• Dr. Timothy X. Merritt

Scripture vs. False Teachings - Part 3


The Risen Christ guides the leader past the snares of death. Avoiding Spiritual Attack, Demonic Attack,, and joining the Angels and Saints of the Heavenly Host.
Once a leader genuinely accepts the Bible as truth, Scripture transforms the individual character.

Conclusion

From Paul’s exhortation to Timothy to “turn away from godless chatter and the opposing ideas of what is falsely called knowledge” (1 Tim 6:20) to Wesley’s quadrilateral that emphasized primacy of Scripture to continuing calls for more ethical leadership in every aspect of our modern lives, there is a recognized need for a solid foundation upon which ethical reasoning can be built. Despite competing worldviews, the Christian leader can choose to make the love of God through Jesus Christ as revealed in the Bible the starting point for ethical reasoning. To do so means more than simply avoiding the chaos and fluctuations the leadership trend du jure, or of ensuring consistency of ethical decisions over time. In fact, recognizing the primacy of Scripture is actually the leader's own "good confession" homologeo or declaration the substance of the Bible to be true.


A declaration such as this has profound implications for ethical leadership. Once a leader genuinely accepts the Bible as truth, the messages of Scripture begin to transform the individual character of that leader; then he or she will be compelled to “pursue righteousness, godliness, faith, love, endurance and gentleness” (1 Tim 6:11). Yet they will never follow all Scriptural instructions perfectly, and they will never attain by their own righteousness perfection of ethical decision making, just as they can never earn their place in heaven through their acts on earth. Nevertheless, this vagueness and complexity are accounted for in Scripture, and the revealed truth of God through Scripture is sufficient to communicate the differences between good and bad leadership, and to guide the heart of the leader to the better choice.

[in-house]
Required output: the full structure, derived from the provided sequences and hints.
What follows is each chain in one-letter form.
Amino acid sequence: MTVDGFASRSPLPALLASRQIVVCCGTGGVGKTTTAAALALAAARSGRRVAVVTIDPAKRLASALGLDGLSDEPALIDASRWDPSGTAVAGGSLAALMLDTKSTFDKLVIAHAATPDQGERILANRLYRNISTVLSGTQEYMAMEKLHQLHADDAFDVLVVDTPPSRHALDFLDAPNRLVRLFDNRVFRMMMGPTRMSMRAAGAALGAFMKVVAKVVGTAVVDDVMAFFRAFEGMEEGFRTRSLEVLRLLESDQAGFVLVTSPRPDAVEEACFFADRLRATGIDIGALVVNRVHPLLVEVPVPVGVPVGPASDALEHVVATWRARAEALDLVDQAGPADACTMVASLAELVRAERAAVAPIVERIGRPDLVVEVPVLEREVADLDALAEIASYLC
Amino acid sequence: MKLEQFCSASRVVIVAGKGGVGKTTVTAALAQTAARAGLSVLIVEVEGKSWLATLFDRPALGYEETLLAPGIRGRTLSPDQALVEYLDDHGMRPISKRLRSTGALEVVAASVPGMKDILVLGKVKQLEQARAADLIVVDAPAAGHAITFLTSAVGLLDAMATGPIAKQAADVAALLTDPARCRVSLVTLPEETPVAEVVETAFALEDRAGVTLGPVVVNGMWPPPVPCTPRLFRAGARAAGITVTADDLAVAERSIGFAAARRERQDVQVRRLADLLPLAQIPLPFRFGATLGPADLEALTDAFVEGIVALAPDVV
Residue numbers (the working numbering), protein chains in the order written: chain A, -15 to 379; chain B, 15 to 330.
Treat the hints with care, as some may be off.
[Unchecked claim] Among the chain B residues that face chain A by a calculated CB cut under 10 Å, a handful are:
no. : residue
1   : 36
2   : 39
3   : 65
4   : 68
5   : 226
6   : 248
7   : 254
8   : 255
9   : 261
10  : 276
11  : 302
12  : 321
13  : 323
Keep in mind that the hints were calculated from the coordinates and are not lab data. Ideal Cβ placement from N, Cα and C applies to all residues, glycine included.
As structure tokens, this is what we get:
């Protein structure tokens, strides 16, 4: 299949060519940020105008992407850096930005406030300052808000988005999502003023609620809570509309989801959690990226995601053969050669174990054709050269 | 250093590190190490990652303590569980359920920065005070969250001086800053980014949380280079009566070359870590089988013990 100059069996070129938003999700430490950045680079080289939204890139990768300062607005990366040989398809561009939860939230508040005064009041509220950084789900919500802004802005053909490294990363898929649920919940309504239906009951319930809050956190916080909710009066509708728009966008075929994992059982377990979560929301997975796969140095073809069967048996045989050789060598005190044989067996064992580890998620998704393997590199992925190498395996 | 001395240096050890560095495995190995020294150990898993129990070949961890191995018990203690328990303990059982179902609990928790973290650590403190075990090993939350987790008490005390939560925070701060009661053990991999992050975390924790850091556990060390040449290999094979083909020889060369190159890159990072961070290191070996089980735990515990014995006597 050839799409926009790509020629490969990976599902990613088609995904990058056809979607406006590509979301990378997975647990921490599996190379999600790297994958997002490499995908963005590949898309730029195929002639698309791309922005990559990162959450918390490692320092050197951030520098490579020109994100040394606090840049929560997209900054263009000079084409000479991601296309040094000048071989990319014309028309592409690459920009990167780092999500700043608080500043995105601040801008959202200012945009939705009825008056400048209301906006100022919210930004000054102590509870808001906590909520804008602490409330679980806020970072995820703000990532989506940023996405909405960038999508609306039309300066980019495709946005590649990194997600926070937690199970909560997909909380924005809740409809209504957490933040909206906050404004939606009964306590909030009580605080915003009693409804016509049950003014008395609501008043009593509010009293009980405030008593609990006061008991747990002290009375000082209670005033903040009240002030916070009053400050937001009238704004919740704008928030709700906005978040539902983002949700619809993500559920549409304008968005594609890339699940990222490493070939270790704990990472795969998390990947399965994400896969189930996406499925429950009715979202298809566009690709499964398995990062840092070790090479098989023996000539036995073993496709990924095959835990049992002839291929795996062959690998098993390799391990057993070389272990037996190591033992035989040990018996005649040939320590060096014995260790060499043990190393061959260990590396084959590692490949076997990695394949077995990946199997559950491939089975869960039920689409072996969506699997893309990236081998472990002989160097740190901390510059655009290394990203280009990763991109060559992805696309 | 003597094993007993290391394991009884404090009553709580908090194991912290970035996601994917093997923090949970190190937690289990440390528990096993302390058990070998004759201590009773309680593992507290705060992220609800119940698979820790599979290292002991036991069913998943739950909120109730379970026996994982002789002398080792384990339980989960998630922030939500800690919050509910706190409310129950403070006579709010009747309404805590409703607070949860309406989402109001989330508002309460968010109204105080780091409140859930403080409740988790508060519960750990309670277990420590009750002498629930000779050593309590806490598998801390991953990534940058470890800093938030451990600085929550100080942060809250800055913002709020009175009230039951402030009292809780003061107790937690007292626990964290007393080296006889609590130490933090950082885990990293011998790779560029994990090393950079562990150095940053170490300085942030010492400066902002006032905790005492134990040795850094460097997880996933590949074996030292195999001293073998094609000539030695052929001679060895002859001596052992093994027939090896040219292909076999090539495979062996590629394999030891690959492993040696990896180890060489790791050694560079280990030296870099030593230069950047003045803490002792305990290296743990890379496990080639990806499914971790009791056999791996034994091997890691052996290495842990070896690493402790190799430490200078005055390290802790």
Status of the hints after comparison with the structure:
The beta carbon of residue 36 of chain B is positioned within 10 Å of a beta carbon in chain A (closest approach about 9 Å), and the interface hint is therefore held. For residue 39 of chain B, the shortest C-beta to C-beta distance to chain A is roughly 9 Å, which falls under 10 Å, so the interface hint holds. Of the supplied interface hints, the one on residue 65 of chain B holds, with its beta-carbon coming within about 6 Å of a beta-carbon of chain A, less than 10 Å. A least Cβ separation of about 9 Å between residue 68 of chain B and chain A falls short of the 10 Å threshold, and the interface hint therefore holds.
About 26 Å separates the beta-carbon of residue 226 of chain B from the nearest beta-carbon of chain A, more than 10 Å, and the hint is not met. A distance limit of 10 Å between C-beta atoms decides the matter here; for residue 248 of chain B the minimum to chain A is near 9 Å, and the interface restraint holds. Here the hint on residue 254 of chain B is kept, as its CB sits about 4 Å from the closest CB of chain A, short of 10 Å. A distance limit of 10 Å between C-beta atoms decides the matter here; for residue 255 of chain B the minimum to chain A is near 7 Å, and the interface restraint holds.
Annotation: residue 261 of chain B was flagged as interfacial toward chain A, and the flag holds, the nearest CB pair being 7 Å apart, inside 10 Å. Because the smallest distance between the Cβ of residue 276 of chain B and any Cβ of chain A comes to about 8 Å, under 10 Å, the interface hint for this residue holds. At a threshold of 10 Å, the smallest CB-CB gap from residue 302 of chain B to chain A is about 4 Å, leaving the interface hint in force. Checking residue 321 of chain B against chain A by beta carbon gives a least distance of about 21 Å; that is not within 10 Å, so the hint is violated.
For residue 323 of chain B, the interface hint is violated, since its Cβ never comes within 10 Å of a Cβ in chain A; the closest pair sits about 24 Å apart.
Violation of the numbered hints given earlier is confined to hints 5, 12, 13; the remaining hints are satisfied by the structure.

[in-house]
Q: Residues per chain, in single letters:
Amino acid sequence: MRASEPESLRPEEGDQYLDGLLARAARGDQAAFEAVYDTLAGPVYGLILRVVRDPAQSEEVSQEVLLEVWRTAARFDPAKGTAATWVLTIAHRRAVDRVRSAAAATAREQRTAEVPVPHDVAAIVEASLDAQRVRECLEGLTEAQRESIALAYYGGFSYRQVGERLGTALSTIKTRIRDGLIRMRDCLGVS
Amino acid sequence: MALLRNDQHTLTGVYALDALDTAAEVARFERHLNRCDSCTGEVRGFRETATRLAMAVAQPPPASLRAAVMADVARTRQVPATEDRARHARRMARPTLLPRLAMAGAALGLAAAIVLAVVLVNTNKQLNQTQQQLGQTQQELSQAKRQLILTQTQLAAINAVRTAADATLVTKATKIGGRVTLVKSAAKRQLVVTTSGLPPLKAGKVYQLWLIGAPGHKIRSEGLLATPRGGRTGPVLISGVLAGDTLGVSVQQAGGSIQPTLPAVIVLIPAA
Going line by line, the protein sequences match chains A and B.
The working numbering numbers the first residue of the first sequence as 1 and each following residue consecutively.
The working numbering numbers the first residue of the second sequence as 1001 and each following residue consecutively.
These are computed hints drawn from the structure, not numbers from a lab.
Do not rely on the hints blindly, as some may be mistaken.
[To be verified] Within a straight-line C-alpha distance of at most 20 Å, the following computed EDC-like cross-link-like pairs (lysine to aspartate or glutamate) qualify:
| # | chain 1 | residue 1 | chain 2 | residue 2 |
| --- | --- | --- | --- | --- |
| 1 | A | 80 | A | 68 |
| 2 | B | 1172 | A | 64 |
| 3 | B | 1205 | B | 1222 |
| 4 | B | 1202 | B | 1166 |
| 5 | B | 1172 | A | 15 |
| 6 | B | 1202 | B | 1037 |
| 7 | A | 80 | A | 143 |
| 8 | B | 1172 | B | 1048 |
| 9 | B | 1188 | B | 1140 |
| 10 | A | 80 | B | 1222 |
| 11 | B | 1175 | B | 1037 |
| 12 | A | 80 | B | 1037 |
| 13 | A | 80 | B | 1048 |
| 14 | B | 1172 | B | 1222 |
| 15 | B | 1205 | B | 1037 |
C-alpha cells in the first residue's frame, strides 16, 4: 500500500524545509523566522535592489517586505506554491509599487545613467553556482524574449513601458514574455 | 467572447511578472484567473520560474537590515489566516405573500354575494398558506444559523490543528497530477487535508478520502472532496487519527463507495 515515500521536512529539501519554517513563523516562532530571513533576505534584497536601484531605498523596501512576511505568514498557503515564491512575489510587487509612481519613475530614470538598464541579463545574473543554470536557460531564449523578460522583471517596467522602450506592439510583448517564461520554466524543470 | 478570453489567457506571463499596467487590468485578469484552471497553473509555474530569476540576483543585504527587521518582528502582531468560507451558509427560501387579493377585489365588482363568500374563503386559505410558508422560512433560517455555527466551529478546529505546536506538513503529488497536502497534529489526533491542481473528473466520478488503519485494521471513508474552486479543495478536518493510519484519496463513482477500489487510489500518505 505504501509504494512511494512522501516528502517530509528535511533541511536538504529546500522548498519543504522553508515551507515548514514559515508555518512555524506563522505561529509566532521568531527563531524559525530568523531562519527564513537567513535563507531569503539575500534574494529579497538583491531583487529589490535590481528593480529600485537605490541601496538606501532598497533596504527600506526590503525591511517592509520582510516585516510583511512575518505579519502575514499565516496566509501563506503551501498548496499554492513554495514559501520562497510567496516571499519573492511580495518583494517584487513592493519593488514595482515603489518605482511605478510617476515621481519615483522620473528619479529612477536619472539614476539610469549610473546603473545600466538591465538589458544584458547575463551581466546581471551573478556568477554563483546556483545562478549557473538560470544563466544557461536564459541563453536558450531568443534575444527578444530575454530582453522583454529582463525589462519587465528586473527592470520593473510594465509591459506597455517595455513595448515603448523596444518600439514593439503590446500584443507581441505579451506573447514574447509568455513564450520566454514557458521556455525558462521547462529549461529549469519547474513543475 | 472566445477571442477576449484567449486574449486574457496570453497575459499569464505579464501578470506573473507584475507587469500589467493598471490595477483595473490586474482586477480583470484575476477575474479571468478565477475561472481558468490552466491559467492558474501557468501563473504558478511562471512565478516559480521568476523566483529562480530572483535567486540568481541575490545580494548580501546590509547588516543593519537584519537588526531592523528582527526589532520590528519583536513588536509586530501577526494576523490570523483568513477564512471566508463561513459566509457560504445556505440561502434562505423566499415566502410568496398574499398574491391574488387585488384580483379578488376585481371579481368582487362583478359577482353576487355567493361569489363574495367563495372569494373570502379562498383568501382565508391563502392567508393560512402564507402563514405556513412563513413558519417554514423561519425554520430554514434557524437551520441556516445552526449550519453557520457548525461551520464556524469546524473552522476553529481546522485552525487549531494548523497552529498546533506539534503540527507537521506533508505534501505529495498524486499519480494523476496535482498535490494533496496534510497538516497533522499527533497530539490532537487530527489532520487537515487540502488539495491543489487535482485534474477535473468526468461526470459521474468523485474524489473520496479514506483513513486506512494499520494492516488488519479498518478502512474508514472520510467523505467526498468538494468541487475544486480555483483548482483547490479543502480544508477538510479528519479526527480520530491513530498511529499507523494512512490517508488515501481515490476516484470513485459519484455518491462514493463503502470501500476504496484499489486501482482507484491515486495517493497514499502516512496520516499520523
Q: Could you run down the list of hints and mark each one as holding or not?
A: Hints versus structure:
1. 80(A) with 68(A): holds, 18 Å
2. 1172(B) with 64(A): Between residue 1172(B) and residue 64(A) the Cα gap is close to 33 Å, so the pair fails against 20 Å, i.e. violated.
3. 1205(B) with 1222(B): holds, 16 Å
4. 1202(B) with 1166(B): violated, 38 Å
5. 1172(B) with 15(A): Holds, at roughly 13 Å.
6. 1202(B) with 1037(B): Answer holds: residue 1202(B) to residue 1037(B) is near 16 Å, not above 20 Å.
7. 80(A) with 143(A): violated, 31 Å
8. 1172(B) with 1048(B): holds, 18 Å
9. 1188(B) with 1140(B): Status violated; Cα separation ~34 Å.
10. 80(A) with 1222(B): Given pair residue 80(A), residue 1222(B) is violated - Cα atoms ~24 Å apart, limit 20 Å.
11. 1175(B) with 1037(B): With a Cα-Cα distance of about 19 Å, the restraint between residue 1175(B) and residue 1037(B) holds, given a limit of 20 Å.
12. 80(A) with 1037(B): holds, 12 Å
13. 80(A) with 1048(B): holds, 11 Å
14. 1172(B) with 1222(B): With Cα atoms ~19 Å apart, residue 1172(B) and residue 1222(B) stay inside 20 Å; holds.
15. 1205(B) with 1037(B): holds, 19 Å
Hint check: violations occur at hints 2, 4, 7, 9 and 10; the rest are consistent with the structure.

Return to the Spiritual Warfare Curated Library

Go back to Scripture vs. False Teachings - Part 2


References

Badaracco, J. (1997). Defining moments: When managers must choose between right and right. Boston, Mass: Harvard Business School Press.

Bazerman, M., & Tenbrunsel, A. (2011). Blind spots: Why we fail to do what's right and what to do about it. Princeton University Press. ISBN-10: 0691147507; ISBN-13: 9780691147505

Breton, S. (2011). A Radical Philosophy of Saint Paul. New York: Columbia University Press.

Carmy, S. (2010). Personal ethics, public virtue, and political legitimacy in biblical kings and American presidents. Presidential Studies Quarterly, 40(1). doi:10.1111/j.1741-5705.2009.03734

Cosby, M. R. (2001). Using the Wesleyan quadrilateral to teach biblical studies in Christian liberal arts colleges. Teaching Theology & Religion, 4(2). doi:10.1111/1467-9647.00097

de Villiers, P. G. R. (2006). Heroes at home: Identity, ethos, and ethics in 1 Timothy within the context of the pastoral epistles. In J. G. van der Watt (Ed.), Identity, ethics, and ethos in the New Testament. Berlin, Germany: Walter de Gruyter.

Dickinson, C. (2016). A Radical Philosophy of Saint Paul. Journal of Religion, 96(4).

Holy Bible, New International Version (1983), Grand Rapids, MI: Zondervan Bible Publishers.

Hubner, J. (2016). Revisiting the clarity of scripture in 1 Timothy 2:12. Journal of the Evangelical Theological Society, 59(1), 99-117.

Kouzes, J. & Posner, B. (2012). The Leadership Challenge: How to Make Extraordinary Things Happen in Organizations. San Francisco, CA: Jossey-Bass. 5th edition. ISBN-10: 0470651725.

Malan, F. S., & Van der Watt, J. G. (2006). Identity, Ethics, and Ethos in the New Testament. Berlin: De Gruyter.

McQuilkin R. (1984). Problems of Normativeness, in Hermeneutics, Inerrancy, and the Bible, ed. Earl D. Radmacher and Robert D. Preus. Grand Rapids: Zondervan.

Meawad, S., M.T.S. (2016). Virtue as mediator: informing health care issues through virtue ethics and scripture. Ethics & Medicine, 32(2). Retrieved from http://eres.regent.edu:2048/login?url=https://search-proquest-com.ezproxy.regent.edu/docview/1787724293?accountid=13479

Northouse, P. G. (2016). Leadership Theory and Practice. SAGE Publication Inc.

O'Donnell, T. (2017). The Rhetorical Strategy of 1 Timothy. The Catholic Biblical Quarterly, 79(3), 455-475.

Perry, A. (2016). Exemplary lives in speech, conduct, love, faith, and purity: An analysis of 1 Timothy 3-4 for ethical leadership. Retrieved from http://eres.regent.edu:2048/login?url=https://search-proquest-com.ezproxy.regent.edu/docview/1757729770?accountid=13479

Porter, C. L. (1998). God's Justice and the Culture of the Law: Conflicting Traditions in Paul's Letter to the Romans. Encounter, 59(1-2), 135-155.

Roberts, K. A. (1978). Toward a generic concept of counter-culture. Sociological Focus, 11(2), 111-126. doi:10.1080/00380237.1978.10570312

Robbins, V. K. (1996). Exploring the Texture of Texts: A guide to socio-rhetorical interpretation. Valley Forge, PA: Trinity Press International.

Wessels, J. M. (2016). Changing the feminine face of poverty: Reading 1 Timothy 2:15 from a socio-economic perspective. Neotestamentica, 50(1), 105-122

19 views0 comments

Recent Posts

See All